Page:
Tea Partiers Say Obama’s Too Mean

Demonstrators with the Tea Party protest the Internal Revenue Service targeting of the Tea Party and similar groups during a rally called 'Audit the IRS' outside the Capitol, June 19, 2013.
National Journal
Billy House
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Billy House
Oct. 9, 2013, 5:41 p.m.

When tea-party Re­pub­lic­ans ar­rived in Con­gress in 2011, many were en­er­gized and ready to shake up Wash­ing­ton — whatever the cost. But now, some are claim­ing that it is Pres­id­ent Obama who is play­ing too rough.

Amid the gov­ern­ment shut­down and debt-ceil­ing stan­doff — which has raised rhet­or­ic sharply — they say the pres­id­ent has de­mon­ized what they con­sider healthy polit­ic­al op­pos­i­tion.

“The dif­fer­ence is, I don’t think his pre­de­cessors have ant­ag­on­ized the oth­er side,” says Rep. Aus­tin Scott, R-Ga., who was pres­id­ent of the tea-party-packed House Re­pub­lic­an fresh­man class last ses­sion.

“Bill Clin­ton did not in­ten­tion­ally ant­ag­on­ize Re­pub­lic­ans,” Scott said. “And I think that most of those [earli­er] pres­id­ents would have wel­comed the op­por­tun­ity to ne­go­ti­ate. And if they’re right on their points, then cer­tainly they’d want to ne­go­ti­ate.”

Sim­il­ar sen­ti­ment was echoed by sev­er­al of Scott’s fel­low tea parti­ers Wed­nes­day.

“I was tea party be­fore there was a tea party,” said Rep. Trent Franks, R-Ar­iz., who has served in Con­gress since 2003. Obama, he said, “has tried to make some malevol­ent ghost, or evil spir­it, out of the tea party.”

Rep. Joe Wilson, R-S.C., a mem­ber of the tea-party caucus who fam­ously yelled “You lie!” to Obama dur­ing a speech be­fore a joint ses­sion of Con­gress, was among those who agreed Wed­nes­day with Scott’s view that the pres­id­ent has been too ant­ag­on­ist­ic.

“Wheth­er it’s per­son­al or not, it’s not good for the coun­try,” said Wilson, who apo­lo­gized after his out­burst on the House floor, made when Obama said the health care re­form law would not cov­er un­doc­u­mented im­mig­rants.

The com­ments came a day after Obama’s news con­fer­ence, in which the pres­id­ent did use some rhet­or­ic that House con­ser­vat­ives found dif­fi­cult to swal­low, liken­ing them to ex­tor­tion­ists. “I’m not go­ing to [ne­go­ti­ate] un­til the more ex­treme parts of the Re­pub­lic­an Party stop for­cing John Boehner to is­sue threats about our eco­nomy,” Obama said, re­fer­ring to the Re­pub­lic­an House speak­er. “We can’t make ex­tor­tion routine as part of our demo­cracy.”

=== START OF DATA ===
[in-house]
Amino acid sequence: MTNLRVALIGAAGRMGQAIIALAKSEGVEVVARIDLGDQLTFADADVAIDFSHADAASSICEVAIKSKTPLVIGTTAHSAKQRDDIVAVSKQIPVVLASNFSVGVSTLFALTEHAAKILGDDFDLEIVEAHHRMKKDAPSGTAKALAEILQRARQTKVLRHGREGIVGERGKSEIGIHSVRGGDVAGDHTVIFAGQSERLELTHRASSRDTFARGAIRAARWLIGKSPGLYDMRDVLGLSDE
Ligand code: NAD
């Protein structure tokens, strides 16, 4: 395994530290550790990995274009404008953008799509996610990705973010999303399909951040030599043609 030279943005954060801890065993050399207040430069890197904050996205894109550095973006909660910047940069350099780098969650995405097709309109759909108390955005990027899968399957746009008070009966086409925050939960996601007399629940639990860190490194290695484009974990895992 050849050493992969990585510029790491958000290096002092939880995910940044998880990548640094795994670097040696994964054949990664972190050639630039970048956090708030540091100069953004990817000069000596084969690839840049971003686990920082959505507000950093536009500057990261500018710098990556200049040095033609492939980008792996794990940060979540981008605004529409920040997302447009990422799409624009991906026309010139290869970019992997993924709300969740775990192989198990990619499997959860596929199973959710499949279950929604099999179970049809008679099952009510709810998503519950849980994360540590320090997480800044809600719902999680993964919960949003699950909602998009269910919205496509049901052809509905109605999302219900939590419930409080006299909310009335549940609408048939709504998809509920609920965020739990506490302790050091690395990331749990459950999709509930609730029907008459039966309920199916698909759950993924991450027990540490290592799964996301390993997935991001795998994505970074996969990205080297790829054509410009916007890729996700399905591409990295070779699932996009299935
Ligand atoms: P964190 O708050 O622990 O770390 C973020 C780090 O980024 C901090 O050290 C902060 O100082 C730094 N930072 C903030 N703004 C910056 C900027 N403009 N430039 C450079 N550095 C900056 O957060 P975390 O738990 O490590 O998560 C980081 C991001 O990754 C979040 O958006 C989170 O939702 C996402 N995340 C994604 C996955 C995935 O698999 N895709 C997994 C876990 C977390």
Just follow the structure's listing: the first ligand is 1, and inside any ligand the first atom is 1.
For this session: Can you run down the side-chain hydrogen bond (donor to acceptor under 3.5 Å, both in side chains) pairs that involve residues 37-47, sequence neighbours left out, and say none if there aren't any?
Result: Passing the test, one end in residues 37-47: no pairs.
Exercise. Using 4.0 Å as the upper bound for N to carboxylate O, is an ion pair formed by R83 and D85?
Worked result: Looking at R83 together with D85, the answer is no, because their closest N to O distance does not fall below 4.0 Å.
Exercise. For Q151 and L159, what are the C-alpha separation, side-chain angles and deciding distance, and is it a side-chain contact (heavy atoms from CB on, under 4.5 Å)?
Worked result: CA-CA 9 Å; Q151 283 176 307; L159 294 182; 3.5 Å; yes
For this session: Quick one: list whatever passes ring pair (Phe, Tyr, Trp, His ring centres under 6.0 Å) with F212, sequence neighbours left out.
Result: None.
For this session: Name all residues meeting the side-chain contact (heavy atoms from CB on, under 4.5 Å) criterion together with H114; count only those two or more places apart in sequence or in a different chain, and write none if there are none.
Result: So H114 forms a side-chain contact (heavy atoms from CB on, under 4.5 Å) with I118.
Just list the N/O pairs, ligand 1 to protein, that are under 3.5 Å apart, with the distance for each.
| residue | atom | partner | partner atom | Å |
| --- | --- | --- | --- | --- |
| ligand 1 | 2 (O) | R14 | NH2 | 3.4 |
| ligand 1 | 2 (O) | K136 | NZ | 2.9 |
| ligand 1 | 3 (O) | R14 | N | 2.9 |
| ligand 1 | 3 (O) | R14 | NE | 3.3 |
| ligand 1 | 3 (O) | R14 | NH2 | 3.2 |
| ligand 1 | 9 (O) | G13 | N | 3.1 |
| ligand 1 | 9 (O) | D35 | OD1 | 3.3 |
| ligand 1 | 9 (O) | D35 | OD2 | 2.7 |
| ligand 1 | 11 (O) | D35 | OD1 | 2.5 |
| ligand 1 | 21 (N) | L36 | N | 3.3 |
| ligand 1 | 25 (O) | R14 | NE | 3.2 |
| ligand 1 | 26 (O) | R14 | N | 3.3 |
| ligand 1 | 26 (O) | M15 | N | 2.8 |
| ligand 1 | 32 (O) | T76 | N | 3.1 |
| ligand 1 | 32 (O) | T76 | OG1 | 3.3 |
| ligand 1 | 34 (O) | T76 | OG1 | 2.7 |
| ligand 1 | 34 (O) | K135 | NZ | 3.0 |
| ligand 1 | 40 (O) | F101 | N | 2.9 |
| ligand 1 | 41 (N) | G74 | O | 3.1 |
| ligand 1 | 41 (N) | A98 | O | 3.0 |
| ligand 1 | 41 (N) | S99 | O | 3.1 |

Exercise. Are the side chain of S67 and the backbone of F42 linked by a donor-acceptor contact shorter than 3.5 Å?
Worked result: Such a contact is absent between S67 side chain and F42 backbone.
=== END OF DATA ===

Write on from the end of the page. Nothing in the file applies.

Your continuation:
Of course, Con­gress in gen­er­al is not a gentle place. Tea-party Re­pub­lic­ans have taken plenty of at­tacks from the le­gis­lat­ive branch as well. Minor­ity Lead­er Nancy Pelosi has called the House tea-party wing “le­gis­lat­ive ar­son­ists” for their de­mands. Sen­ate Ma­jor­ity Lead­er Harry Re­id has called them “an­arch­ists.”

While some might see irony in a group of firebrand re­formers com­plain­ing that Obama has not been a peace­maker, Scott, who re­mains a tea-party fa­vor­ite, said he does not dis­pute that all pres­id­ents have a right to stand up for what they be­lieve. Yet he also says there’s a sense among his col­leagues that Obama just doesn’t like them.

“It’s ob­vi­ous any time he goes on TV,” Scott said. “I mean, words he uses to de­scribe Con­gress, the tone of his voice, what he says, how he says it.”

“The role of the pres­id­ent is to be the peace­maker. And just by defin­i­tion, an ant­ag­on­ist is not a peace­maker. Really, all of our roles should be to be the peace­maker. It doesn’t mean you can’t stand up for what you be­lieve in. But he has been any­thing but that,” Scott said.

Has the rhet­or­ic got­ten too per­son­al?

“It’s not so much per­son­al with many of us,” Scott said.

“I mean, even when we were fresh­men, the only mem­ber of that ad­min­is­tra­tion that ac­tu­ally met with the fresh­man class was [former Treas­ury Sec­ret­ary Timothy] Geithner,” he ad­ded. “Oth­er than that, the ad­min­is­tra­tion just said, “˜They’re anti-Obama, they’re tea-party con­trolled.’ There was no ef­fort, and has been no ef­fort, by that ad­min­is­tra­tion to es­tab­lish any re­la­tion­ships with any­body over here.”

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